A few years ago, a friend who had just taken up motorcycles decided that we weren't getting enough out of our trips into the Colorado Rockies. He'd become a motorcyclist, mostly, to be part of a group (of which I was a member) who spent most weekends exploring the area within a day's ride of Denver on bikes. He had discovered yet another intrusive piece of technology that he was convinced we should all buy for the purpose of enhancing communication on our road trips; helmet headsets.
One of the two experienced riders, not me, was into vintage Japanese bikes. Lots of vintage Japanese bikes. At the last count, I think he has 11 unreliable, under-powered, bad-handling junkers that he loves like children. I had an almost-new Yamaha 850 TDM that made my children a bit jealous. Who'd have guessed that kids want attention, too? The third hand in our deck of mountain explorers had a Yamaha 650XS. It didn't take him too long to discover that he couldn't keep up with us on rolling junk.
Regardless of the XS's limitations, the third guy was such a cautious rider that I always took the precaution of planning our rides so that we'd have a designated place to meet at specific times, along the route. I thought this effort was an extraordinary act of friendship, on my part. He was so slow moving that he'd often be stuck in his driveway, still fiddling with his minimal riding gear, when I arrived at the first "check point" to wait. Sometimes, I waited for hours. I caught up on a lot of reading during those trips.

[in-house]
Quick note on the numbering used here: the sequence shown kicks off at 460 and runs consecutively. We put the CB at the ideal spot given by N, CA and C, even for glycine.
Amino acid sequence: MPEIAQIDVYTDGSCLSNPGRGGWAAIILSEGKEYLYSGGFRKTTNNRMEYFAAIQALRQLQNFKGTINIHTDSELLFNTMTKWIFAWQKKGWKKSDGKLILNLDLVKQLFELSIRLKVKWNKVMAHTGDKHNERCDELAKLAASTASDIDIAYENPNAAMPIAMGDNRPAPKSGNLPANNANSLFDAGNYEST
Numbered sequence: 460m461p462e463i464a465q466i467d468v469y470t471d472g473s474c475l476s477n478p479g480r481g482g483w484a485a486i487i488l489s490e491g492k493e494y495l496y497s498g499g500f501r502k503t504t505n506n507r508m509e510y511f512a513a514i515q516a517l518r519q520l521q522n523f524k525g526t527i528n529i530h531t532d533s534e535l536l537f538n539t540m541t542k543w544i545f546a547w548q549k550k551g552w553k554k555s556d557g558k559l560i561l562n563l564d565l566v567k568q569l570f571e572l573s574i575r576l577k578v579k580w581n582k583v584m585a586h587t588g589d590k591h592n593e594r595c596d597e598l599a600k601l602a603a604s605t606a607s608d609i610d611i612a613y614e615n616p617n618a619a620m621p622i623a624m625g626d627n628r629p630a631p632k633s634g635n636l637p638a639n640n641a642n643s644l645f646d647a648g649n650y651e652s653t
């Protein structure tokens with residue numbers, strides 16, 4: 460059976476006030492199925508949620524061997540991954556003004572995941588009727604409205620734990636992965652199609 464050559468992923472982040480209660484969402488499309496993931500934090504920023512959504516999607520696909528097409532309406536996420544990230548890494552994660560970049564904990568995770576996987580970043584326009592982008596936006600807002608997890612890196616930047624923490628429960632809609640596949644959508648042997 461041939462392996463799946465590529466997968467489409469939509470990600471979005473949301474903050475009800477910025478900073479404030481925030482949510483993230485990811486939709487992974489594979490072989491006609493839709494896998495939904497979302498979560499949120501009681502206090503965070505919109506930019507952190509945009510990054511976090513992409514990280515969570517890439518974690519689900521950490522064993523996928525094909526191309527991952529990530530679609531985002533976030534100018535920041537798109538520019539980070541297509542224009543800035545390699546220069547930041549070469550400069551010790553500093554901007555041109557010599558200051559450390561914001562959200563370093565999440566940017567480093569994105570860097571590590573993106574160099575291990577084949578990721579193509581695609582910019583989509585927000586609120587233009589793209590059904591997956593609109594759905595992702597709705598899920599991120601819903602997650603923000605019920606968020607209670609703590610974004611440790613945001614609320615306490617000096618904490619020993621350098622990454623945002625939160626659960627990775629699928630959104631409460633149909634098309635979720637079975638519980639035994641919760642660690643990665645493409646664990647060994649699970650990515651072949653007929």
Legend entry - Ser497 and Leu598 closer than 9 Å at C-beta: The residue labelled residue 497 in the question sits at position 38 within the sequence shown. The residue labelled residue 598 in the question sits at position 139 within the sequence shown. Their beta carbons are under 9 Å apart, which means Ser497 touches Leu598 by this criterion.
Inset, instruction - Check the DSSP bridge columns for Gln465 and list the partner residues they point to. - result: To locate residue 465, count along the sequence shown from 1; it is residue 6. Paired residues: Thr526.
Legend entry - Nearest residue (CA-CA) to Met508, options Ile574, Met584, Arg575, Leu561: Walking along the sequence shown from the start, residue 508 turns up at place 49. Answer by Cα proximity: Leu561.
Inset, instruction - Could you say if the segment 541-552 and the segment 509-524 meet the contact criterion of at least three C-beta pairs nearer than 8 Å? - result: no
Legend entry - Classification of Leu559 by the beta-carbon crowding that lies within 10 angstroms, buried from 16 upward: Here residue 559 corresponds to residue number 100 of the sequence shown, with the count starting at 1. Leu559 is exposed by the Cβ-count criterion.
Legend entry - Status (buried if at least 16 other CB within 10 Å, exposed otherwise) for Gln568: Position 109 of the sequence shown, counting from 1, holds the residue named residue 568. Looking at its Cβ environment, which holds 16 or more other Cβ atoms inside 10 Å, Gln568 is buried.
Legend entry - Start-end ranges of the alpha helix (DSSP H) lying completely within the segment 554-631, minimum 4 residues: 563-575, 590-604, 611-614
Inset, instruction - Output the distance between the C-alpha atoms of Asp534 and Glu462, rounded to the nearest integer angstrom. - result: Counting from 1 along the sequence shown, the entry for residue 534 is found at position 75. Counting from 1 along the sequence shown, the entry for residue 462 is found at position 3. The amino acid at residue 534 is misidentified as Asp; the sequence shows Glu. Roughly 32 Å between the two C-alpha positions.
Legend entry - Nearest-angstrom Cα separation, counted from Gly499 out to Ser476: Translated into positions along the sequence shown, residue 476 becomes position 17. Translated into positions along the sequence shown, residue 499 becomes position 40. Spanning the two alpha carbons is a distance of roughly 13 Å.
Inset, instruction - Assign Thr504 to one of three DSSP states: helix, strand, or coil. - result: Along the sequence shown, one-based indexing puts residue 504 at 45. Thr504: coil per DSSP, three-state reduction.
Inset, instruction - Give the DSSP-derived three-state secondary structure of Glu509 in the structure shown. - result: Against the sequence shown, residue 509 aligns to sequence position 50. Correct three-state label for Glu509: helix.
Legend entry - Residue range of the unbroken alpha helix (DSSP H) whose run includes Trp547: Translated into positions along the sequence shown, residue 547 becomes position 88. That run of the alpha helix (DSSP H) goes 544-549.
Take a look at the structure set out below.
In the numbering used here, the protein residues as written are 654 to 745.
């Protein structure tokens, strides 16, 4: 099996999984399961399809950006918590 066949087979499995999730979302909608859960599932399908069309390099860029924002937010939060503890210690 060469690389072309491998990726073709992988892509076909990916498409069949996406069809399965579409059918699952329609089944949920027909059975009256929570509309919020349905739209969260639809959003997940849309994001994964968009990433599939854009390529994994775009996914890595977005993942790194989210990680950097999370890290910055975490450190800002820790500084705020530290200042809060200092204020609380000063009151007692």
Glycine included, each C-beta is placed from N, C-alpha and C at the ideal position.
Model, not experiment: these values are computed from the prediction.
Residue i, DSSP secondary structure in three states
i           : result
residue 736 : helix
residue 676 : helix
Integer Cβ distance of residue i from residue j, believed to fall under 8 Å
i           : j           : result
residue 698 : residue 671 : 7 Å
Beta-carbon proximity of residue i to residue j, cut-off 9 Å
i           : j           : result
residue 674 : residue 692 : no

One day, while waiting to pick his bike up, after some minor repair work at a dealership, he discovered helmet communications systems. From that day on, every conversation we had started and ended with "I think we all ought to get these things, then we could talk to each other while we ride." I could ask him where he wanted to eat lunch and end up having to fend off a pitch for why I needed a radio in my helmet. Even the absolutely true and logical argument that I didn't need yet another voice joining the crowd in my head failed to deter him.